The drone industry is expected to climb to a whopping $8.4 billion by 2019, according to ABI Research. But most of that growth won’t come from selling hardware.
Instead, it’s all the applications and services on top of of the hardware (sometimes literally), that hold the big opportunity, said industry experts.
All about commercial drone services
“Application services, data services, licensing and legal services—once you start adding all of this into the mix, the size of the marketplace starts growing very, very quickly,” said Dan Kara, an ABI Research analyst, at the RoboUniverse Conference this week in New York.
“The money to be made is actually in the application space to a large degree,” he said.
Companies playing in this space include those like PrecisionHawk—which combines unmanned aerial systems with information delivery and sensing technologies to enhance business operations for a slew of different industries—and Airware, a developer of drone software, hardware and cloud services.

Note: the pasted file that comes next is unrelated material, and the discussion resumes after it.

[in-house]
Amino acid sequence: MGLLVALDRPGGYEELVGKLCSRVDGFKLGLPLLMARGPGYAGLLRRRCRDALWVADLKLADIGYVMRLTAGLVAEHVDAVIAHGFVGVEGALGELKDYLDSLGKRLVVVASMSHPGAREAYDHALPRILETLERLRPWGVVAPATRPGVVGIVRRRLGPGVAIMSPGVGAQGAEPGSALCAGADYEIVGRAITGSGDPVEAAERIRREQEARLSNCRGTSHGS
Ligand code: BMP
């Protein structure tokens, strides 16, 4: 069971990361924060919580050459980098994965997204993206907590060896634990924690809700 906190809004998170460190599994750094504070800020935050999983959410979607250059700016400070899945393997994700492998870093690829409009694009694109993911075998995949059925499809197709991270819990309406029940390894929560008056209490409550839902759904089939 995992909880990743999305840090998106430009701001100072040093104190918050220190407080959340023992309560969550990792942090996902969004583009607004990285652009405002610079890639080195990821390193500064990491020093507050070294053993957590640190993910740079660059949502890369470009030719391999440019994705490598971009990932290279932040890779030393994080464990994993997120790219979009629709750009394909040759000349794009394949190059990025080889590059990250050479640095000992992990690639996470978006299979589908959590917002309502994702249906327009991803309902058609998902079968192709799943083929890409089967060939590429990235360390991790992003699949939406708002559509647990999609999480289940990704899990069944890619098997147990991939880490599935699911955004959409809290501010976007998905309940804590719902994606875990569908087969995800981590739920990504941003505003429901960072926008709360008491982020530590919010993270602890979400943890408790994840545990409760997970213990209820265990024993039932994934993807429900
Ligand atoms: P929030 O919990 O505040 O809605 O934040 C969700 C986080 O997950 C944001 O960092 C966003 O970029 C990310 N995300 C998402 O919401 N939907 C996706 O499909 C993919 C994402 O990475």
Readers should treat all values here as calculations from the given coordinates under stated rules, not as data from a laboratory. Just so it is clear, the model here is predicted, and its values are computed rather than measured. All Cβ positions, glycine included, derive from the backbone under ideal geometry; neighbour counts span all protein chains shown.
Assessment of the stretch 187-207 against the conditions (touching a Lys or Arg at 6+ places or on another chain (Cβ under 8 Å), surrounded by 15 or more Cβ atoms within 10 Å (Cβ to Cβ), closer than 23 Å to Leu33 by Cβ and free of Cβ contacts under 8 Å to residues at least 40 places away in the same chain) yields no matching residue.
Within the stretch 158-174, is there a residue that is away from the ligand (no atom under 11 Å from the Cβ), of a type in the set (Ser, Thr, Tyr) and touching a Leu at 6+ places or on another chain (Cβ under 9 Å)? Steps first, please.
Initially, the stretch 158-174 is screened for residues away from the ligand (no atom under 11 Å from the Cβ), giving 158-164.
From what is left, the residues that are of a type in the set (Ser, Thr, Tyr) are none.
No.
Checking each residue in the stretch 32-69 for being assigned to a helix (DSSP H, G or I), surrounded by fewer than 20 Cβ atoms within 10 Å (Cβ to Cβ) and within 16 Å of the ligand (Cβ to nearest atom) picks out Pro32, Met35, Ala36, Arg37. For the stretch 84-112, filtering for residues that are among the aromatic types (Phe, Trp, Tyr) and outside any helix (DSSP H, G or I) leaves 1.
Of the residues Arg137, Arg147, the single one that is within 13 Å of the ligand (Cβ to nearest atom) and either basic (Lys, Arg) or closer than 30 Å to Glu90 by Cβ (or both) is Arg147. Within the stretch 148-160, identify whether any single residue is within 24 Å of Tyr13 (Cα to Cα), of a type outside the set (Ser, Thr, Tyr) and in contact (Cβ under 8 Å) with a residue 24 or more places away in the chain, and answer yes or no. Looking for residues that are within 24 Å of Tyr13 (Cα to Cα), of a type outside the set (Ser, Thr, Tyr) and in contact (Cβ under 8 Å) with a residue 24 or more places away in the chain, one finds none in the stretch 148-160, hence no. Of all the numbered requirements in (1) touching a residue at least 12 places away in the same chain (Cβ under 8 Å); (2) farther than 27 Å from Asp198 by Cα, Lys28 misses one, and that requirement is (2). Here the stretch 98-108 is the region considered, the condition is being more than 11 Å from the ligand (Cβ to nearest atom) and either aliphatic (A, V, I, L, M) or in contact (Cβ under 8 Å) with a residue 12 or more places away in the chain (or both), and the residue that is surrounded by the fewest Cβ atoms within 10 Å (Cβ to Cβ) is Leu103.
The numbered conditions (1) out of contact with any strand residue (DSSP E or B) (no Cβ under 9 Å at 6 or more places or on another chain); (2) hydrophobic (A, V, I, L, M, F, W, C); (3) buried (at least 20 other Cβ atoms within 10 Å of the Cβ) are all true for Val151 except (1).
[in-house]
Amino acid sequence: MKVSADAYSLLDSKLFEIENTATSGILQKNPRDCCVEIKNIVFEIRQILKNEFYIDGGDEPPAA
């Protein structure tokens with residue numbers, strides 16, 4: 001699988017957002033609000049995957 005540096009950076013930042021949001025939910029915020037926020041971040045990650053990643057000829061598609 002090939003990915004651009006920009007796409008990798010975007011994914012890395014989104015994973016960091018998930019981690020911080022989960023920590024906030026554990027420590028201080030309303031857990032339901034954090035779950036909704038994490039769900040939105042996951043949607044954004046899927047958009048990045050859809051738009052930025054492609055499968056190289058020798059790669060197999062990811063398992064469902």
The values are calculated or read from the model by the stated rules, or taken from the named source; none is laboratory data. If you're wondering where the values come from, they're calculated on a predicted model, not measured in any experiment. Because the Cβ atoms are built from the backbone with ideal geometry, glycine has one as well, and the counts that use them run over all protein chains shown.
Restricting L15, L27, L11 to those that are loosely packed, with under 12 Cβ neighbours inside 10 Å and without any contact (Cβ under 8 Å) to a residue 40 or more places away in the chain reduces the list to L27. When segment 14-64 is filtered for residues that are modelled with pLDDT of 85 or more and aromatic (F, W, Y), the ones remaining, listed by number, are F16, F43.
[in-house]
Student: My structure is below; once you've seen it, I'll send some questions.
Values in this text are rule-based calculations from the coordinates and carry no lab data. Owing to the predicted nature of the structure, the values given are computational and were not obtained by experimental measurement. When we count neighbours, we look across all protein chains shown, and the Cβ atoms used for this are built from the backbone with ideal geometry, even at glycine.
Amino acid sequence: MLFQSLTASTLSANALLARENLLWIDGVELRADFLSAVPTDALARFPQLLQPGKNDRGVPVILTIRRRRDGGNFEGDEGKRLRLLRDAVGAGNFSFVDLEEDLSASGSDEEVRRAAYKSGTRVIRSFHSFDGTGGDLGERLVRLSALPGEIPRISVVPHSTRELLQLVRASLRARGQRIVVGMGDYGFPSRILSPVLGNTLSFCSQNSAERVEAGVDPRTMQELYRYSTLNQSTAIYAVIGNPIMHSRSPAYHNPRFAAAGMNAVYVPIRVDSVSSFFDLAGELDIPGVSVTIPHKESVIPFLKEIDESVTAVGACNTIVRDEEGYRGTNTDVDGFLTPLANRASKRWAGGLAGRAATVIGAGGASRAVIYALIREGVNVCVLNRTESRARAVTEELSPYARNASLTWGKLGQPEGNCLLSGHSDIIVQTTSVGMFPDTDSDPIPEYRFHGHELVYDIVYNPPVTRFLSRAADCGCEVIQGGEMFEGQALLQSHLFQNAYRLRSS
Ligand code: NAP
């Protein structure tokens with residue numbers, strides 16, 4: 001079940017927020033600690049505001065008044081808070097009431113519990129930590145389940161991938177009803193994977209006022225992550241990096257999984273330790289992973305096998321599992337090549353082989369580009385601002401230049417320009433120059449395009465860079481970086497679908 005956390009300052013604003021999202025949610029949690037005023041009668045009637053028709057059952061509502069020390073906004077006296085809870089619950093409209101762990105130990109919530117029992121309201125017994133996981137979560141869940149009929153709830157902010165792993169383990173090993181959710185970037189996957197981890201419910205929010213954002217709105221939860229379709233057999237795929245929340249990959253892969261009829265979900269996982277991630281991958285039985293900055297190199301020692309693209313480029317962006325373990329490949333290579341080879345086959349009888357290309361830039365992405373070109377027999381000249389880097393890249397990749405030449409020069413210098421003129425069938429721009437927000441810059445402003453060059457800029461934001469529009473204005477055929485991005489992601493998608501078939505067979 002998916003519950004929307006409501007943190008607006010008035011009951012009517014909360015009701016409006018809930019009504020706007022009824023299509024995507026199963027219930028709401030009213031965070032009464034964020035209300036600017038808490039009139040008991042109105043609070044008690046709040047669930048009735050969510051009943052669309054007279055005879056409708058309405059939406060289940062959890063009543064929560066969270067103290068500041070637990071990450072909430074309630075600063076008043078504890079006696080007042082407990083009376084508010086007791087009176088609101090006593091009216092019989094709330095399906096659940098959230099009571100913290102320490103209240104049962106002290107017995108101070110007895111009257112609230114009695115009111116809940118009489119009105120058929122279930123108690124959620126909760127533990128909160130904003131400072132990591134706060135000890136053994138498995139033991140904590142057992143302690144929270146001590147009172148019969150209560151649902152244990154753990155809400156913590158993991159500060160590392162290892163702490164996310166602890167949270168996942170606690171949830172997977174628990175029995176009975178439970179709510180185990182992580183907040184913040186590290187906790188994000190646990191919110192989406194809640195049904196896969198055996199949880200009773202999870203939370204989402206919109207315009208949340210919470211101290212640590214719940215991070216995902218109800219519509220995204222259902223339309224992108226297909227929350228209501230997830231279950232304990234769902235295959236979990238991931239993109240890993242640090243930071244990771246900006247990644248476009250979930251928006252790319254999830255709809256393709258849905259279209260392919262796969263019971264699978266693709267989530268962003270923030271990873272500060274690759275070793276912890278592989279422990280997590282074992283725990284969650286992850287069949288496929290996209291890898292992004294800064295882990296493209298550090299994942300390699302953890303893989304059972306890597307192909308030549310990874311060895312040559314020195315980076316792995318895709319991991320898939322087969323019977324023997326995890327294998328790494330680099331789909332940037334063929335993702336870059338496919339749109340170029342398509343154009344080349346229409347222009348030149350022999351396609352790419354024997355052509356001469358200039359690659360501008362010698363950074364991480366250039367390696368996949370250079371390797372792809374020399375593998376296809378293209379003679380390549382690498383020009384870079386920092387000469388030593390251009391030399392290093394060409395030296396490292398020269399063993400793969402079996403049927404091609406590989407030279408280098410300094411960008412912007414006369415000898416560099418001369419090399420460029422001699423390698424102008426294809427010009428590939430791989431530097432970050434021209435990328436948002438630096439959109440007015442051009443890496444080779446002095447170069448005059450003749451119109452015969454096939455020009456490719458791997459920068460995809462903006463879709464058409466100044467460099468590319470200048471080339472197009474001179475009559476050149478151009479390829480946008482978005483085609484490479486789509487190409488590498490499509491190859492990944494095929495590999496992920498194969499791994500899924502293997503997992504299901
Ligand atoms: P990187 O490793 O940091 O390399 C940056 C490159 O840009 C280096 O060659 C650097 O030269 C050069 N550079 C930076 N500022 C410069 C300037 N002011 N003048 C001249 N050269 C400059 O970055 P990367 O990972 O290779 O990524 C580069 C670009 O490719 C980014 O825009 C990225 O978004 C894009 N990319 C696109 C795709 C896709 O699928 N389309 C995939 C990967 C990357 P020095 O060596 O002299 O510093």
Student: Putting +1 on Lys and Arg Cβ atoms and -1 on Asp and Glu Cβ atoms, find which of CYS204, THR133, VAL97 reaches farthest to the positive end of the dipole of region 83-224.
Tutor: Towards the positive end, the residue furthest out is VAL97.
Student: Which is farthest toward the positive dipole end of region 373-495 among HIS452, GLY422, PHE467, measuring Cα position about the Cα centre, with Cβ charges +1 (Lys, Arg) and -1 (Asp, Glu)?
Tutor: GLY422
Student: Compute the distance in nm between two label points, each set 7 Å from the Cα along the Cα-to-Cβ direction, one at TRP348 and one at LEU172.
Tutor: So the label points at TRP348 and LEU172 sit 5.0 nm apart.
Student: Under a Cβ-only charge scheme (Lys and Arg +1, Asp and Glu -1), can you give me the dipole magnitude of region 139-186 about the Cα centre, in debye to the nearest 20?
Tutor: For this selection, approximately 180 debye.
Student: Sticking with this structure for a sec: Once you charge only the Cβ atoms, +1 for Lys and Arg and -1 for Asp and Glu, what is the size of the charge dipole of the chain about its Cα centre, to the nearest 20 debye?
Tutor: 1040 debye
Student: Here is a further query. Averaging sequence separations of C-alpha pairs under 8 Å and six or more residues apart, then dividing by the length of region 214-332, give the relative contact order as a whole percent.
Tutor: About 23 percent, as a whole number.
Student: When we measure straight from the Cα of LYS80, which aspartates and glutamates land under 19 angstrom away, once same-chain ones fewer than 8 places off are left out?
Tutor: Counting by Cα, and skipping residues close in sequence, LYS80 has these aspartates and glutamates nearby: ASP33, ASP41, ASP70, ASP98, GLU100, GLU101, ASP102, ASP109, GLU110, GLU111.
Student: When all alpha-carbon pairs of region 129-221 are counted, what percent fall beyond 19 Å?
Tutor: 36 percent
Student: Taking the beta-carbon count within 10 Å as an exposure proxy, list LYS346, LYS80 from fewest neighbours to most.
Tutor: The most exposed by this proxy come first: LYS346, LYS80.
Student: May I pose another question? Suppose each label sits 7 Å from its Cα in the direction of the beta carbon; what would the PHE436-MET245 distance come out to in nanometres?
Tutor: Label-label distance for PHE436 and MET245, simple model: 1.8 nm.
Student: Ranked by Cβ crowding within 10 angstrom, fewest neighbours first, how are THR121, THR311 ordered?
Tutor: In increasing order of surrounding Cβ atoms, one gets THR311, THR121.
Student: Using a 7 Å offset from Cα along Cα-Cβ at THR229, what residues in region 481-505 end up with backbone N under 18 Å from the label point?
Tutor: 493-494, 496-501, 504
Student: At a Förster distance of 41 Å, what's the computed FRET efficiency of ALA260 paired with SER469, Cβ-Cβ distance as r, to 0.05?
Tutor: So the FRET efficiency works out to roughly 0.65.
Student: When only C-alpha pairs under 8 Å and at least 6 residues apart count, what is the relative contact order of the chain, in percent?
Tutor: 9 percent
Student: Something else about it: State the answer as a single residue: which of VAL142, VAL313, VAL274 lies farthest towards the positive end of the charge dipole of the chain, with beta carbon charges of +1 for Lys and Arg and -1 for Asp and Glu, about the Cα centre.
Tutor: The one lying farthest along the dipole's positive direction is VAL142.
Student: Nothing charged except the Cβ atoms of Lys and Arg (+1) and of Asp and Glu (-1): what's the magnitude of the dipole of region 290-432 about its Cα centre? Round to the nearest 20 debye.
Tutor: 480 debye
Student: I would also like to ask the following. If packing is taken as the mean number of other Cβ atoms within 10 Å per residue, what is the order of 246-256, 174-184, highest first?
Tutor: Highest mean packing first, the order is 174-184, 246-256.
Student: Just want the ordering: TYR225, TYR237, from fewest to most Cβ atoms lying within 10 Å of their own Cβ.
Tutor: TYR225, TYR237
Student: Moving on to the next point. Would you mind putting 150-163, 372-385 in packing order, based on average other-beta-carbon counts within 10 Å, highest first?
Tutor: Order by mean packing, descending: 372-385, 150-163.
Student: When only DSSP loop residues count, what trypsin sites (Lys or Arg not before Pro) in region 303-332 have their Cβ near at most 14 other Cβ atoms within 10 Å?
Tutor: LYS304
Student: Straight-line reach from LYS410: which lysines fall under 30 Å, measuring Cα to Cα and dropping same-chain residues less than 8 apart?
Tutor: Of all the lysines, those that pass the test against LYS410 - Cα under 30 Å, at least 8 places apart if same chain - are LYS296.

“So the services [offered by drones] are stored, manipulated and optimized depending on what you are looking for. It’s then georeferenced and tagged in a way that you can access that data in the cloud,” Kara said. “So really what it is is not a drone delivery platform, it’s actually an information services architecture.”
Last month, Airware launched an operating system for commercial drones to help big companies both scale their drone operations, and to help them adhere to safety regulations and insurance requirements.
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